2. Be optimistic — People were asked to visualize an ideal future and describe the image in a journal entry. After doing this for a few weeks, these people too reported increased feelings of well-being.
  3. Count your blessings — People who practice writing down three good things that have happened to them every week show significant boosts in happiness. The act of focusing on the positive helps people remember reasons to be glad.
  4. Use your strengths — Another study asked people to identify their greatest strengths, and then to try to use these strengths in new ways. This habit, too, seems to heighten happiness.
  5. Commit acts of kindness — It turns out helping others also helps ourselves. People who donate time or money to charity, or who altruistically assist people in need, report improvements in their own happiness.

Health Care Reform (From the eyes of a life-long Republican)

I am so grateful for the passage of the health care reform bill. Now my employees will actually have access to adequate health care. As a small business owner, I have been unable to afford to provide my people with company health insurance. The insurance premiums added to our other hard operating costs would have pushed us over the edge, with our operating costs being greater than our gross revenue.  No small business can stay in business long with this kind of scenario. And yet, my heart broke for the people entrusted to me. Their health and welfare is my concern. Read More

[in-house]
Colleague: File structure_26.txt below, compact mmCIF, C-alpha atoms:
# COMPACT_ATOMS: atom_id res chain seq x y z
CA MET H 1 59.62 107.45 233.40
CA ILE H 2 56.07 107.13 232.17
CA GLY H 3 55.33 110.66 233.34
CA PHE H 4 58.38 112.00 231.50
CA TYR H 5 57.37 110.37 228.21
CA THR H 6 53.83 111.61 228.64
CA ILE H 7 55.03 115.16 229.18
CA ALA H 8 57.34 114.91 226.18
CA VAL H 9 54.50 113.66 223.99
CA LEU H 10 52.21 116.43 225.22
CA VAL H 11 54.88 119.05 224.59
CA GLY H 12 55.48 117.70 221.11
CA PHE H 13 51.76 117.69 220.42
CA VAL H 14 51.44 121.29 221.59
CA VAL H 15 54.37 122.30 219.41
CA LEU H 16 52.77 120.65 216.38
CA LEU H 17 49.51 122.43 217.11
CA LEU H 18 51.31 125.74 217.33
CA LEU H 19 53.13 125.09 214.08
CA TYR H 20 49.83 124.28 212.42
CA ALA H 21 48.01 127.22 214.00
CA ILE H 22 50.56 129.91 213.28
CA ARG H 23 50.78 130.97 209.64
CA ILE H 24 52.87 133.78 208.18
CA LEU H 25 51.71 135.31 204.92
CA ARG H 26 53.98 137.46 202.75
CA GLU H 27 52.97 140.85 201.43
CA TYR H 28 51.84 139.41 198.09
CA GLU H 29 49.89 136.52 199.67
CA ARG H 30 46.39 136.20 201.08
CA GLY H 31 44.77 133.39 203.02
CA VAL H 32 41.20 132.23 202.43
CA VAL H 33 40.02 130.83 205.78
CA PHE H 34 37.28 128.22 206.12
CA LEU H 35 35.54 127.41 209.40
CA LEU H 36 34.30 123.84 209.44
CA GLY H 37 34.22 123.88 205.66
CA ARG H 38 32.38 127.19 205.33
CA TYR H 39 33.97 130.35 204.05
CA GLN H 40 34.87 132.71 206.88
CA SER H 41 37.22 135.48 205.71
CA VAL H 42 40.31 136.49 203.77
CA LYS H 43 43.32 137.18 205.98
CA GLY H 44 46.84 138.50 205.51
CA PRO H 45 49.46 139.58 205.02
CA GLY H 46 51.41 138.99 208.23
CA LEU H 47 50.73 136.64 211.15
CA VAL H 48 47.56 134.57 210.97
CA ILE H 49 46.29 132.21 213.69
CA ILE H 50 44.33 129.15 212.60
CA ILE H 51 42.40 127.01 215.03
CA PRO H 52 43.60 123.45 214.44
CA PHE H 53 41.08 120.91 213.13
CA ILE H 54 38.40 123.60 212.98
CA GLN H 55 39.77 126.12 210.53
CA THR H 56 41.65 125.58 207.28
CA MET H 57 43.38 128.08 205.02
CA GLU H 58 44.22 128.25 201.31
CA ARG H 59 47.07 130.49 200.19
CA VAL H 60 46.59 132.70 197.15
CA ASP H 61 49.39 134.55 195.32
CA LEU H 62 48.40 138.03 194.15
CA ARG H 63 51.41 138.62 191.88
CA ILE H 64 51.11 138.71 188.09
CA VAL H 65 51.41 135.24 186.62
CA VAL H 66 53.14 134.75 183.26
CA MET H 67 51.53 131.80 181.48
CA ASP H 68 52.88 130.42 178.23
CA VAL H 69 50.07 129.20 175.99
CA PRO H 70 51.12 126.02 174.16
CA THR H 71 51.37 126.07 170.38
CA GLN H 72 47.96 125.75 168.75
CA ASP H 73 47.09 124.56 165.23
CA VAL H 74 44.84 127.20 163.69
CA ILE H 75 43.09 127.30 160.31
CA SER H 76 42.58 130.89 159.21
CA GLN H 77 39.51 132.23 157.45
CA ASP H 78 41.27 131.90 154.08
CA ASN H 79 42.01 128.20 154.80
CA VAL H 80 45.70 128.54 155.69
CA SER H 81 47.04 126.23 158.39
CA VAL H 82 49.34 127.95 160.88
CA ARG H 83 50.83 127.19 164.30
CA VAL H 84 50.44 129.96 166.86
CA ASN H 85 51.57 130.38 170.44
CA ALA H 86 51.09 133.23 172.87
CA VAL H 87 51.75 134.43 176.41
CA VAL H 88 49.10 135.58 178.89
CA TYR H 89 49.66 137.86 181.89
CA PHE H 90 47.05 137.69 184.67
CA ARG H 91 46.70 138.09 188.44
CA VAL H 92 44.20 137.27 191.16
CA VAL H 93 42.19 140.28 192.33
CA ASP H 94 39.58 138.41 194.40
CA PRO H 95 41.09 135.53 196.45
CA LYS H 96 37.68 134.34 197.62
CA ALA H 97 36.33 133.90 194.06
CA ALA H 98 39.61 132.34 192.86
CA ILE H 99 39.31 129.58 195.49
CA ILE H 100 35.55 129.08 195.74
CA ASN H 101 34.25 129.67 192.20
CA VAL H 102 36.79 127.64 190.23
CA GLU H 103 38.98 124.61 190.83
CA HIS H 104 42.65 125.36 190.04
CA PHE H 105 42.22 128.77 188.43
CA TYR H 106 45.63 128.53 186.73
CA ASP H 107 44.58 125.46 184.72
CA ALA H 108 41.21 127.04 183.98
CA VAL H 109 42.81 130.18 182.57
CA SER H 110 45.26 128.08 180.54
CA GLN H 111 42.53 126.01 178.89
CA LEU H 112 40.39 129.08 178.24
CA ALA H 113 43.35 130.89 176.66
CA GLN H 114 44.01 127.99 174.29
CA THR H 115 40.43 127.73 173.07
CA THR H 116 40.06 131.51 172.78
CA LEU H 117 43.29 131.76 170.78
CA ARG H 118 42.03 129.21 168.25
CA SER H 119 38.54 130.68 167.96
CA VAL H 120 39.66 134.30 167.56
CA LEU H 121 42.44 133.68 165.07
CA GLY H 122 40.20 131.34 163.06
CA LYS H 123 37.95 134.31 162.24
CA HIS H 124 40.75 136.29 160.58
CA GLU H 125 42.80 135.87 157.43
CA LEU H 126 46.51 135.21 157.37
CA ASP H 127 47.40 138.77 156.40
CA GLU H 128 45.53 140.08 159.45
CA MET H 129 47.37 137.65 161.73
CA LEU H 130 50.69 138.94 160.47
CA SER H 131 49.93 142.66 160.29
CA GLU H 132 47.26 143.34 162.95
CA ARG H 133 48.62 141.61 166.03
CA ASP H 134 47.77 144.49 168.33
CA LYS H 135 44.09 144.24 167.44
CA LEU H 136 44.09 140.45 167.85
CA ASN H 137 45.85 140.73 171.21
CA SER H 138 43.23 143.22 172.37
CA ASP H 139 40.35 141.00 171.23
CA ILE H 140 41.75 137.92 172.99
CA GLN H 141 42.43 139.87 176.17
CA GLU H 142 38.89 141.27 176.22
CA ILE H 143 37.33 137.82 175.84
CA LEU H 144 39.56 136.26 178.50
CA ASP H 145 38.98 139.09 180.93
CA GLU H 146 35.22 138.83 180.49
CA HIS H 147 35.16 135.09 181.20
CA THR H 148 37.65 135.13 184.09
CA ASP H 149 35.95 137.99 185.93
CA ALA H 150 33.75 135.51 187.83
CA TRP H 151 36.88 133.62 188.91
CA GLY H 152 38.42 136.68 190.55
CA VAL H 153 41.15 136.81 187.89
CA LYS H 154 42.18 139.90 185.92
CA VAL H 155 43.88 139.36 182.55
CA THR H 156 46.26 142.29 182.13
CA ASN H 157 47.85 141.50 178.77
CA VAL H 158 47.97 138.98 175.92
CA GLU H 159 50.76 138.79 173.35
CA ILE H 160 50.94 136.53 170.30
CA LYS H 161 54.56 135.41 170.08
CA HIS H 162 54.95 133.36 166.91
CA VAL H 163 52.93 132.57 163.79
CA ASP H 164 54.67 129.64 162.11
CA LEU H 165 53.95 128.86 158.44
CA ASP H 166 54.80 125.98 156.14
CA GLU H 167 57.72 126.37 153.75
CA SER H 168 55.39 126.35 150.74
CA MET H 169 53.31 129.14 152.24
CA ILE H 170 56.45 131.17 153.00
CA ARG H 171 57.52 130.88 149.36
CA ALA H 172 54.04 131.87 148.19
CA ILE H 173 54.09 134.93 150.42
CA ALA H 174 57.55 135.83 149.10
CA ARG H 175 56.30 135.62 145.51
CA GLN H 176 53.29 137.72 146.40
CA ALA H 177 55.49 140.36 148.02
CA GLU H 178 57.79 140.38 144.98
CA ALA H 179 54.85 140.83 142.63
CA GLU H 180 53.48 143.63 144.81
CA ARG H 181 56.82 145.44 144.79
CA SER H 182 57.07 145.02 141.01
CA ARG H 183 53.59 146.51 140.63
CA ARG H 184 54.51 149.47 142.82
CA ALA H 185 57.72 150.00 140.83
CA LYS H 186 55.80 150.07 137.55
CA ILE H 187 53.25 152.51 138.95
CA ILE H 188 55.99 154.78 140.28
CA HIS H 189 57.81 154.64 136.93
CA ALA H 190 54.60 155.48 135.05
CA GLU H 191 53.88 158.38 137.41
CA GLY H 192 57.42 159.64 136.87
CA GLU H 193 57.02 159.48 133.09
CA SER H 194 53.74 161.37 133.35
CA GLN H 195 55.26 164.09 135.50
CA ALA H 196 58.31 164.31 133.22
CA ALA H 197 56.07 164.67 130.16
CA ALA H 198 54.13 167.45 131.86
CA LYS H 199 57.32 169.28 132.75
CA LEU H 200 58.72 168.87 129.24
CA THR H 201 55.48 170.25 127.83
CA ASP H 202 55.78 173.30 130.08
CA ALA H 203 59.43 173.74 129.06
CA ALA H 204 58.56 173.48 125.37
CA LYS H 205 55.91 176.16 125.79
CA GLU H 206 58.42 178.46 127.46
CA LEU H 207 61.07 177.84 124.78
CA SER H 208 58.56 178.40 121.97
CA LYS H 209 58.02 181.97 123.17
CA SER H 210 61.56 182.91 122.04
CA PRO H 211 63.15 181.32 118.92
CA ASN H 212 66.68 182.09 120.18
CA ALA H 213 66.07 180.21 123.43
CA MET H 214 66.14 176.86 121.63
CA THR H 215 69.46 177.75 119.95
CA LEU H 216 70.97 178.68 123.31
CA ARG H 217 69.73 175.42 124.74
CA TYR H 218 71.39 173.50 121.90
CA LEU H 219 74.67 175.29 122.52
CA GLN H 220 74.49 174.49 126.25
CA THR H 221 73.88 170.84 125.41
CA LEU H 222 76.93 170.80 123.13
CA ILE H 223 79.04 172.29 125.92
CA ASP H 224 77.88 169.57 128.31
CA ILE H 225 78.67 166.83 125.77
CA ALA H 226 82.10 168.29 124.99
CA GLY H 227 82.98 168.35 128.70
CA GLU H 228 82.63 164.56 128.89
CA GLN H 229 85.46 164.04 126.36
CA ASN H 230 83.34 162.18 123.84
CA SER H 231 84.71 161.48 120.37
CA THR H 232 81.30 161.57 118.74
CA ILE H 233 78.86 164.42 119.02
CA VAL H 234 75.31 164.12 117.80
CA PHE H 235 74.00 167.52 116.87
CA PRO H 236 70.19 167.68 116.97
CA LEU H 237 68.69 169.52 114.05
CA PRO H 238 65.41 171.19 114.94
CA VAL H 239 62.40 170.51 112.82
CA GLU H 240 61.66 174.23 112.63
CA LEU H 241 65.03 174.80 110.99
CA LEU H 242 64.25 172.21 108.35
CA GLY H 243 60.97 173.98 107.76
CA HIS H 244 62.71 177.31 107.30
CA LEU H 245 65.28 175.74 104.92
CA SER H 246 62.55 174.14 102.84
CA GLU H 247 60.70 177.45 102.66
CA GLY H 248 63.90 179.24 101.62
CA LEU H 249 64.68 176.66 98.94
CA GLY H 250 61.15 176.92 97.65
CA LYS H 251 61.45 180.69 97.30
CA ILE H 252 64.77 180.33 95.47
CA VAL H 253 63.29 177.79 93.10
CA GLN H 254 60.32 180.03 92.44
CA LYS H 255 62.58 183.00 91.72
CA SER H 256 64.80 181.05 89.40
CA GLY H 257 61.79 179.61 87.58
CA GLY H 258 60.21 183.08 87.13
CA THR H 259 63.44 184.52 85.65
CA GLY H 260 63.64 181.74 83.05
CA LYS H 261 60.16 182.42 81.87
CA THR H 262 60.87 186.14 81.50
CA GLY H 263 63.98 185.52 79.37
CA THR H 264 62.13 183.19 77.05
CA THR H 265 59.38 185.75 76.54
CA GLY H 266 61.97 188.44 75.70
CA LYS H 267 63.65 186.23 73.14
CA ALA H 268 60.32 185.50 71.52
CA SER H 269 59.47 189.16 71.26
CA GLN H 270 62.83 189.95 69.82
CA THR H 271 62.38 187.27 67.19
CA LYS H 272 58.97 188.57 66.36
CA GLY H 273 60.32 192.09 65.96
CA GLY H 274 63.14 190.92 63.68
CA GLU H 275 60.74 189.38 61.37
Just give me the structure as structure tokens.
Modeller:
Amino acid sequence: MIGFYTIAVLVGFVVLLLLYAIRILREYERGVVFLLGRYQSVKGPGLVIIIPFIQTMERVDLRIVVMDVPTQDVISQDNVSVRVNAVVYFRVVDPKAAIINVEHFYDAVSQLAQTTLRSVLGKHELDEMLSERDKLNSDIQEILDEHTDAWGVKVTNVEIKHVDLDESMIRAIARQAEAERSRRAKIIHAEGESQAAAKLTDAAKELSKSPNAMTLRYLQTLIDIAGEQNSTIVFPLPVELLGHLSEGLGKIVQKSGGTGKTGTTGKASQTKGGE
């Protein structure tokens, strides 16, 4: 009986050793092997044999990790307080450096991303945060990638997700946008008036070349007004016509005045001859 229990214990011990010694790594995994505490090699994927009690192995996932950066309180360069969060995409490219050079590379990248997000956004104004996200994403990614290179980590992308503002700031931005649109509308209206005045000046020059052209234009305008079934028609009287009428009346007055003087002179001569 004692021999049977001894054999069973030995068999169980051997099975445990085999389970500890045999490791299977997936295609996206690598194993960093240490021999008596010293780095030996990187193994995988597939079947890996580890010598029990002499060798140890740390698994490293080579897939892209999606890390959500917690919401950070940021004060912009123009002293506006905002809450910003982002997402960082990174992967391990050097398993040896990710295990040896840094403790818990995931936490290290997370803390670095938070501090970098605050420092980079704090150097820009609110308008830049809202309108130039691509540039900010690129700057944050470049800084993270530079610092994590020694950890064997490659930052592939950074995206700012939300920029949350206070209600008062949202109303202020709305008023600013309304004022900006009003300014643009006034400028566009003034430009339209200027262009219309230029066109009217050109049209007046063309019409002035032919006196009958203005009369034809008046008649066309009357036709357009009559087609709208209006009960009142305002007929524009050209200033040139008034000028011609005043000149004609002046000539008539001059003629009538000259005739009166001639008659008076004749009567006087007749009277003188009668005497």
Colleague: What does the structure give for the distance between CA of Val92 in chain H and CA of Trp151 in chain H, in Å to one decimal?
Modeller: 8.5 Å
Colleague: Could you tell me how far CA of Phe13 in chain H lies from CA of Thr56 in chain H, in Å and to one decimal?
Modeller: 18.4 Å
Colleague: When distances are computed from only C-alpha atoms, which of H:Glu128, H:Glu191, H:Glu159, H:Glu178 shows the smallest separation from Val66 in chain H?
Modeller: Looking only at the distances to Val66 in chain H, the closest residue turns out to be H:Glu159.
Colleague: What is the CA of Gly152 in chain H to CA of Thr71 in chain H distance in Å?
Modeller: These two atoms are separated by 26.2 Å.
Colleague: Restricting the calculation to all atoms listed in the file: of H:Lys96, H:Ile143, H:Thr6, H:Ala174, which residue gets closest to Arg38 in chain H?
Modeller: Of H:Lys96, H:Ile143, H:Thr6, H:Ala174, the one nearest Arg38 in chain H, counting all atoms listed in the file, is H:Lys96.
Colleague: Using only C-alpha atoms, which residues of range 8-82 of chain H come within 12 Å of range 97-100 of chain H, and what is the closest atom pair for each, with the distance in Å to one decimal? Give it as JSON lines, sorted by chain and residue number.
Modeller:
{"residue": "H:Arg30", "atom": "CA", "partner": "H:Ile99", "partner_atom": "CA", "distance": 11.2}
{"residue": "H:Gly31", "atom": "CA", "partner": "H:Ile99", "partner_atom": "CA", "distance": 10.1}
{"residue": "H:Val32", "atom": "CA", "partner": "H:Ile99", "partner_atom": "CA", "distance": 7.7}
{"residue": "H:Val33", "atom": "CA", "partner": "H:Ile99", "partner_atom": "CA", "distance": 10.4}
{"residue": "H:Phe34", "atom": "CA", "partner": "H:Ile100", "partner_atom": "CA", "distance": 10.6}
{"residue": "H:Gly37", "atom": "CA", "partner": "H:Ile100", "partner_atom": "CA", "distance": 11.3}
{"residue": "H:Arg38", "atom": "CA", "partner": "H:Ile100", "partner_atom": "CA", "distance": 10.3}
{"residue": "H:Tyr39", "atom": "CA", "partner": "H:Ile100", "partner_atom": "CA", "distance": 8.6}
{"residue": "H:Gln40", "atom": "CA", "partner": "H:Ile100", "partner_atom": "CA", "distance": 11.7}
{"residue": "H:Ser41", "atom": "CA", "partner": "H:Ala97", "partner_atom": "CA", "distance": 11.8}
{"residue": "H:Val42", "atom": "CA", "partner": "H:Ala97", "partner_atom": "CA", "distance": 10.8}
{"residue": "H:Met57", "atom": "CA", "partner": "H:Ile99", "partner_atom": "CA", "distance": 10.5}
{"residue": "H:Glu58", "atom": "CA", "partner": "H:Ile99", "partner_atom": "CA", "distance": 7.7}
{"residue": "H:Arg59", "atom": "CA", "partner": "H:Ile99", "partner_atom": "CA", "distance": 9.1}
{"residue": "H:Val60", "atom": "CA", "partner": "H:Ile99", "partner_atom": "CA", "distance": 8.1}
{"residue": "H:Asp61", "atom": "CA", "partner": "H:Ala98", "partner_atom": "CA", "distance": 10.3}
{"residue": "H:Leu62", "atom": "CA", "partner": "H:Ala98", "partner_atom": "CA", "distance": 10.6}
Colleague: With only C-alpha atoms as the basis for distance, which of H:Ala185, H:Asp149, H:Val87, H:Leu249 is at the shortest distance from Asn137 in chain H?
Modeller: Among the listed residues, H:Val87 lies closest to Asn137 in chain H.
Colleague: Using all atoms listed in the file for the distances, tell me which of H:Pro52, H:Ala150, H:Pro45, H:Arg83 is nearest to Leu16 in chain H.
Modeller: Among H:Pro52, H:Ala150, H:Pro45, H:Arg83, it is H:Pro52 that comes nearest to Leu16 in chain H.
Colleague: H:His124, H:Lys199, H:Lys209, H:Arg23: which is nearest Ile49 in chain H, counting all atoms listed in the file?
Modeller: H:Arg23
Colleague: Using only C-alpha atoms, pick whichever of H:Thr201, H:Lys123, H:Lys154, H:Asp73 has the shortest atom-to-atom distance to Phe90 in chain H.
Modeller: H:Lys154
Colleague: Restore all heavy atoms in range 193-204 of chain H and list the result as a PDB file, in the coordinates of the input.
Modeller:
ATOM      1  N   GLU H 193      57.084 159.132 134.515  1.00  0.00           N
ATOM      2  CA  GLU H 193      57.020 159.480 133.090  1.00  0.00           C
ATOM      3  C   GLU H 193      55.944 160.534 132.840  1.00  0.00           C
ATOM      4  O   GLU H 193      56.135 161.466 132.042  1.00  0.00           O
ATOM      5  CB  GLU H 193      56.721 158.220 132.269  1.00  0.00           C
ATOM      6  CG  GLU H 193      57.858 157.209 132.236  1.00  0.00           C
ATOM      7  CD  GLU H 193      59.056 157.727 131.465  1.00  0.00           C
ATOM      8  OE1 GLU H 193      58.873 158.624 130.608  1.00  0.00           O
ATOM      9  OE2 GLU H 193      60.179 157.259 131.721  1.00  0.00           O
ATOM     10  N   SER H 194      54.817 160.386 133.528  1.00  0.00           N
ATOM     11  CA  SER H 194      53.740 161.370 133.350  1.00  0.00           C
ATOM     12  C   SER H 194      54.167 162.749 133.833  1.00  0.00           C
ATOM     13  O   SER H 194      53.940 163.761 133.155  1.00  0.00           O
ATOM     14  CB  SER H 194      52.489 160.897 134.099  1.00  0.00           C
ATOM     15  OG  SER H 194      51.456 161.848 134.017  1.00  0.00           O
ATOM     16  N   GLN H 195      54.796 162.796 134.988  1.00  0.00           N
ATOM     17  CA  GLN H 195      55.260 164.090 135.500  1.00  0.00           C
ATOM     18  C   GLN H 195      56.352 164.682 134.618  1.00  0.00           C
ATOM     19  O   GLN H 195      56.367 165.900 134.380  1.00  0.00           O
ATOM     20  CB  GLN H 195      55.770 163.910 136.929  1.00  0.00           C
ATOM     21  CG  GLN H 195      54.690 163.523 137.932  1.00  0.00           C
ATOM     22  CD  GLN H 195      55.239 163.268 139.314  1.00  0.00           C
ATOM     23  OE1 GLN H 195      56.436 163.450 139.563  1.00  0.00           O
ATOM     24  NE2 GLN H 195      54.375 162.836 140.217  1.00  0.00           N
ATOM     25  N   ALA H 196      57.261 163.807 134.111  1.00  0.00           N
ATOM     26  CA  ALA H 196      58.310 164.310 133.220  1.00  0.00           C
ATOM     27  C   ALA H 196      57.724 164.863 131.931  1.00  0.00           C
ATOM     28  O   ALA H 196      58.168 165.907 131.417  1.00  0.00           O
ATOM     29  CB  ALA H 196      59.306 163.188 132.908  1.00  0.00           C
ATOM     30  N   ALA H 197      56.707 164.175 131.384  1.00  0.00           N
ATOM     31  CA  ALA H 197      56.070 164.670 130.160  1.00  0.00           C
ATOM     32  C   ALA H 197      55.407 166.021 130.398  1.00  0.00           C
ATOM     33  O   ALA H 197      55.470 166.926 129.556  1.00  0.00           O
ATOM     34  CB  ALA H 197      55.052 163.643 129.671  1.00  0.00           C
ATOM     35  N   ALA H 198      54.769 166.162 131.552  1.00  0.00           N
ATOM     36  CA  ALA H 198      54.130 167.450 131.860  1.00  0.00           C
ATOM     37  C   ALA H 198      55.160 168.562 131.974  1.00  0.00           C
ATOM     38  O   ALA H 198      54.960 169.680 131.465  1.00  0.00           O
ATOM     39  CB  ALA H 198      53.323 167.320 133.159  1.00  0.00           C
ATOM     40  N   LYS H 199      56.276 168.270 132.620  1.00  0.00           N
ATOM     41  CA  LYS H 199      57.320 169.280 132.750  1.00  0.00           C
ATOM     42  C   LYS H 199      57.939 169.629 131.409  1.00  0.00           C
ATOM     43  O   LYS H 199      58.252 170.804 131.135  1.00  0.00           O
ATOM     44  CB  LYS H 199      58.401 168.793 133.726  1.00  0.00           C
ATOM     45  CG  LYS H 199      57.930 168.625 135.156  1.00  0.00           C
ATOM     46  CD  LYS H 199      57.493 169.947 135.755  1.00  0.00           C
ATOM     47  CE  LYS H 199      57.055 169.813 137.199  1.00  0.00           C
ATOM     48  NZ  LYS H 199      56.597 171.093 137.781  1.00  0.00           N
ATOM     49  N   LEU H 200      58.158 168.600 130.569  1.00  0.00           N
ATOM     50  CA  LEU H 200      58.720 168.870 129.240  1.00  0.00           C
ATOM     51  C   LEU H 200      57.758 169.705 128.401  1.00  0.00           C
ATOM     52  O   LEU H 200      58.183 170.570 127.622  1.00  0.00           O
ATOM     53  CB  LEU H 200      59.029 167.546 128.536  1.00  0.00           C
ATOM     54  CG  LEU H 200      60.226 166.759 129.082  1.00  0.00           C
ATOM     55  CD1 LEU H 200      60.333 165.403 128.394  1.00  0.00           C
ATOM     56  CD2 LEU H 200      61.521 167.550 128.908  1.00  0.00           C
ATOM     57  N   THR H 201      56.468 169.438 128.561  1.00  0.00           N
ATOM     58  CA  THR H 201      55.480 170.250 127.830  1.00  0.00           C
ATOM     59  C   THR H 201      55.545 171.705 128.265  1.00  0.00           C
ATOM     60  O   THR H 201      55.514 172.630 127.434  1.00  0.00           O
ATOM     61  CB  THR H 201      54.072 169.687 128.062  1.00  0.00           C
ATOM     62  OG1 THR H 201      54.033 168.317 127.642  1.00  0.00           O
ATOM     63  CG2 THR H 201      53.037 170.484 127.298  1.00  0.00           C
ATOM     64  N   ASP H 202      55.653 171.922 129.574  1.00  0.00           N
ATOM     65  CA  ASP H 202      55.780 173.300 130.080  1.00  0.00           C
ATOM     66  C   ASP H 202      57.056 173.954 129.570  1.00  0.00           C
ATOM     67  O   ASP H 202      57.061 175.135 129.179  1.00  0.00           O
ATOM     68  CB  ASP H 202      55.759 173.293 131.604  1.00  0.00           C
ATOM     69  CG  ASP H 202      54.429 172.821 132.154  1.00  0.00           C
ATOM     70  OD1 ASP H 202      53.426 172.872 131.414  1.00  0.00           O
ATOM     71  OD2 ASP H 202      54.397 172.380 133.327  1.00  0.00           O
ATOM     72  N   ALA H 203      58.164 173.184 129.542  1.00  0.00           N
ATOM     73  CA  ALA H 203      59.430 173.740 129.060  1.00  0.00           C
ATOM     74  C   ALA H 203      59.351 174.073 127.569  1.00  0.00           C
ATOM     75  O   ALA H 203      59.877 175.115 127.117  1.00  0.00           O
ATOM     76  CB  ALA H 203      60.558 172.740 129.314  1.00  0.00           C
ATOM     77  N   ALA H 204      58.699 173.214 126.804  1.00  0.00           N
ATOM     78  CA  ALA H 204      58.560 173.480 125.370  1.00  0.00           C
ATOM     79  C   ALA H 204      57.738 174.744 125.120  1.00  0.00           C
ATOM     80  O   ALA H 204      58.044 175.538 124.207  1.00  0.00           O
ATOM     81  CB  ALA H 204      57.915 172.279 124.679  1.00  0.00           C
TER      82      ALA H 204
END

Sleep – Prescious Sleep!

Sleep hygiene is the practice of “grooming” yourself for sleep every night.

Environment: Make your bedroom safe, dark, cool and comfortable. Turn the clock face away and ban TVs, laptops, and cell phones. If you do get up during the night, don’t turn on any bright lights.

Schedule: Go to bed at the same time and get up at the same time every day. Use very bright lights in the morning. Try not to nap during the day — or take only a 10- to 15-minute nap. Read More

Stress of the Long Distance Caregiver

Sara lives three hours a way from her father, Rick, who was widowed several years ago.

Until recently, the distance between father and daughter was not a problem.  Ever since her mother had died, Sara would make it a point to meet her dad at a restaurant located somewhere in the middle, or drive to his home with her family for an occasional Sunday or holiday visit.